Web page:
Europe’s economy is well-prepared to weather the financial turbulence brought on by the subprime mortgage crisis in the United States but growth is still likely to ease in most European countries in 2008, the International Monetary Fund said Monday.
While there was a significant “downside risk” to its outlook from the global credit crisis, the IMF said in its Regional Economic Outlook report that Europe had so far emerged “largely unscathed. Nonetheless, risks for emerging Europe have also risen, especially for countries that have been funding large current account imbalances with foreign bank borrowing,” the Washington-based crisis lender warned.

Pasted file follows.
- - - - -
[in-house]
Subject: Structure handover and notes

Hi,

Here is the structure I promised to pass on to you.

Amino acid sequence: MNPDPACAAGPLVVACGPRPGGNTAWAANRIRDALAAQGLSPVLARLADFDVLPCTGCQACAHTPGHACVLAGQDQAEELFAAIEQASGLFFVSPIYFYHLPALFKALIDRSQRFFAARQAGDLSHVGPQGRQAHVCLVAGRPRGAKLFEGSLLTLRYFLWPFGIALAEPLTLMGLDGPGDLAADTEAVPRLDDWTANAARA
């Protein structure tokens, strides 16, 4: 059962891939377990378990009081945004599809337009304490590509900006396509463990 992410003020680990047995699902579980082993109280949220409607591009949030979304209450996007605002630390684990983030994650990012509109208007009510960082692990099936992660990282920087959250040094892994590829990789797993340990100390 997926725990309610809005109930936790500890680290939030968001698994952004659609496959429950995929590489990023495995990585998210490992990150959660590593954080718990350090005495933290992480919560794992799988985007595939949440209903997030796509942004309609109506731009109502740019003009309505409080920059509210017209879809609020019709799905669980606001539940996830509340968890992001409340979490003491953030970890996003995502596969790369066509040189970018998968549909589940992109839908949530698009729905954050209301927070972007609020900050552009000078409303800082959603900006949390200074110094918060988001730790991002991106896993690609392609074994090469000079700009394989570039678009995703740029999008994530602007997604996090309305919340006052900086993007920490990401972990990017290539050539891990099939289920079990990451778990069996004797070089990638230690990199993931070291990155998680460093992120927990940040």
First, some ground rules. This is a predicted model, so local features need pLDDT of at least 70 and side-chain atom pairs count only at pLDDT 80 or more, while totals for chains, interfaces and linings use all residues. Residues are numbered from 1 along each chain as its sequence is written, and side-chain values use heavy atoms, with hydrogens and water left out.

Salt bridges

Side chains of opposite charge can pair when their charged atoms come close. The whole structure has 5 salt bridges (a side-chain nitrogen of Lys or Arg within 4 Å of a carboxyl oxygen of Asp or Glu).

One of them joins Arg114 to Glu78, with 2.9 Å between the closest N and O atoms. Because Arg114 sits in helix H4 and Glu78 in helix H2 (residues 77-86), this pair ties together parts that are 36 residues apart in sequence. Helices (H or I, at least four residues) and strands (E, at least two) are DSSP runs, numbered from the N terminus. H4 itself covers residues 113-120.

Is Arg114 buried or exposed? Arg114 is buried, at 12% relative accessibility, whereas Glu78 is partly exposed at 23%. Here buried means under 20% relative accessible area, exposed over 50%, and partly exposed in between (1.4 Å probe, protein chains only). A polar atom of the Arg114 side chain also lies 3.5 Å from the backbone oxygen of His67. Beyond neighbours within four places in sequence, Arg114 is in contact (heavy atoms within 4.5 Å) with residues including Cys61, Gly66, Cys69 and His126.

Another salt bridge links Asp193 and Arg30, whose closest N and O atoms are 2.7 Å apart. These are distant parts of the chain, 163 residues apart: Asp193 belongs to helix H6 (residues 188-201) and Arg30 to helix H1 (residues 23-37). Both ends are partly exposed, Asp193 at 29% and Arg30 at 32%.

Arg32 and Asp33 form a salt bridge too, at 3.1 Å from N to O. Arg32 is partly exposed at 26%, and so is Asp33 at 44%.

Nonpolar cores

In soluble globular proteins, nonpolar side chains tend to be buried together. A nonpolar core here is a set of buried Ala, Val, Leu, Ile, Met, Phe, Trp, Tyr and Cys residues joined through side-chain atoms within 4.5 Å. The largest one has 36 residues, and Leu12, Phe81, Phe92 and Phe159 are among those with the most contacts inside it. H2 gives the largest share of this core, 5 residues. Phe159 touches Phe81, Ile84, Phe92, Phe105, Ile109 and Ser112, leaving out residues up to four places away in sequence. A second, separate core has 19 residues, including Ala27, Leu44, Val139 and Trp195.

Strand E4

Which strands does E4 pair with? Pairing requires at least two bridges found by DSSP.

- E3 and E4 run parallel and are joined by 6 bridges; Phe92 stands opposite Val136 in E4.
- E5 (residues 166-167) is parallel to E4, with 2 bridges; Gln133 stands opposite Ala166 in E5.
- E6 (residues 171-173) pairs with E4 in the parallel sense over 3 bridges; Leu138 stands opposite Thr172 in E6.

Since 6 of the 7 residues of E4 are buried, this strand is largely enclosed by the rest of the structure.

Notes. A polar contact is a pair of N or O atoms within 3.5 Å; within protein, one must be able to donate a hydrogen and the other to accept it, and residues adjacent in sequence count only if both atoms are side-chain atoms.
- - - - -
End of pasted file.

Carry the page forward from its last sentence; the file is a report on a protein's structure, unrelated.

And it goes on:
The IMF said that sound economic policies, as well as greater trade and financial integration had led to a “buoyant regional economy with clear growth dividends,” but Europe still had a series of tough reforms to go through - especially to address an aging population and fiscal deficits - if it hoped to keep that robust economy going. Defaults in subprime mortgages - home loans to people with poor credit - in the United States have sparked a global credit crisis and a downturn in global financial markets. If weathered, the IMF said the credit crisis could also have positive benefits for Europe by way of encouraging fiscal discipline. “The financial turbulence may herald a healthy correction to past exuberance, bringing risk spreads closer to fundamentals, improving credit discipline, and helping to reduce external imbalances in emerging countries,” the report said. (m&c.com)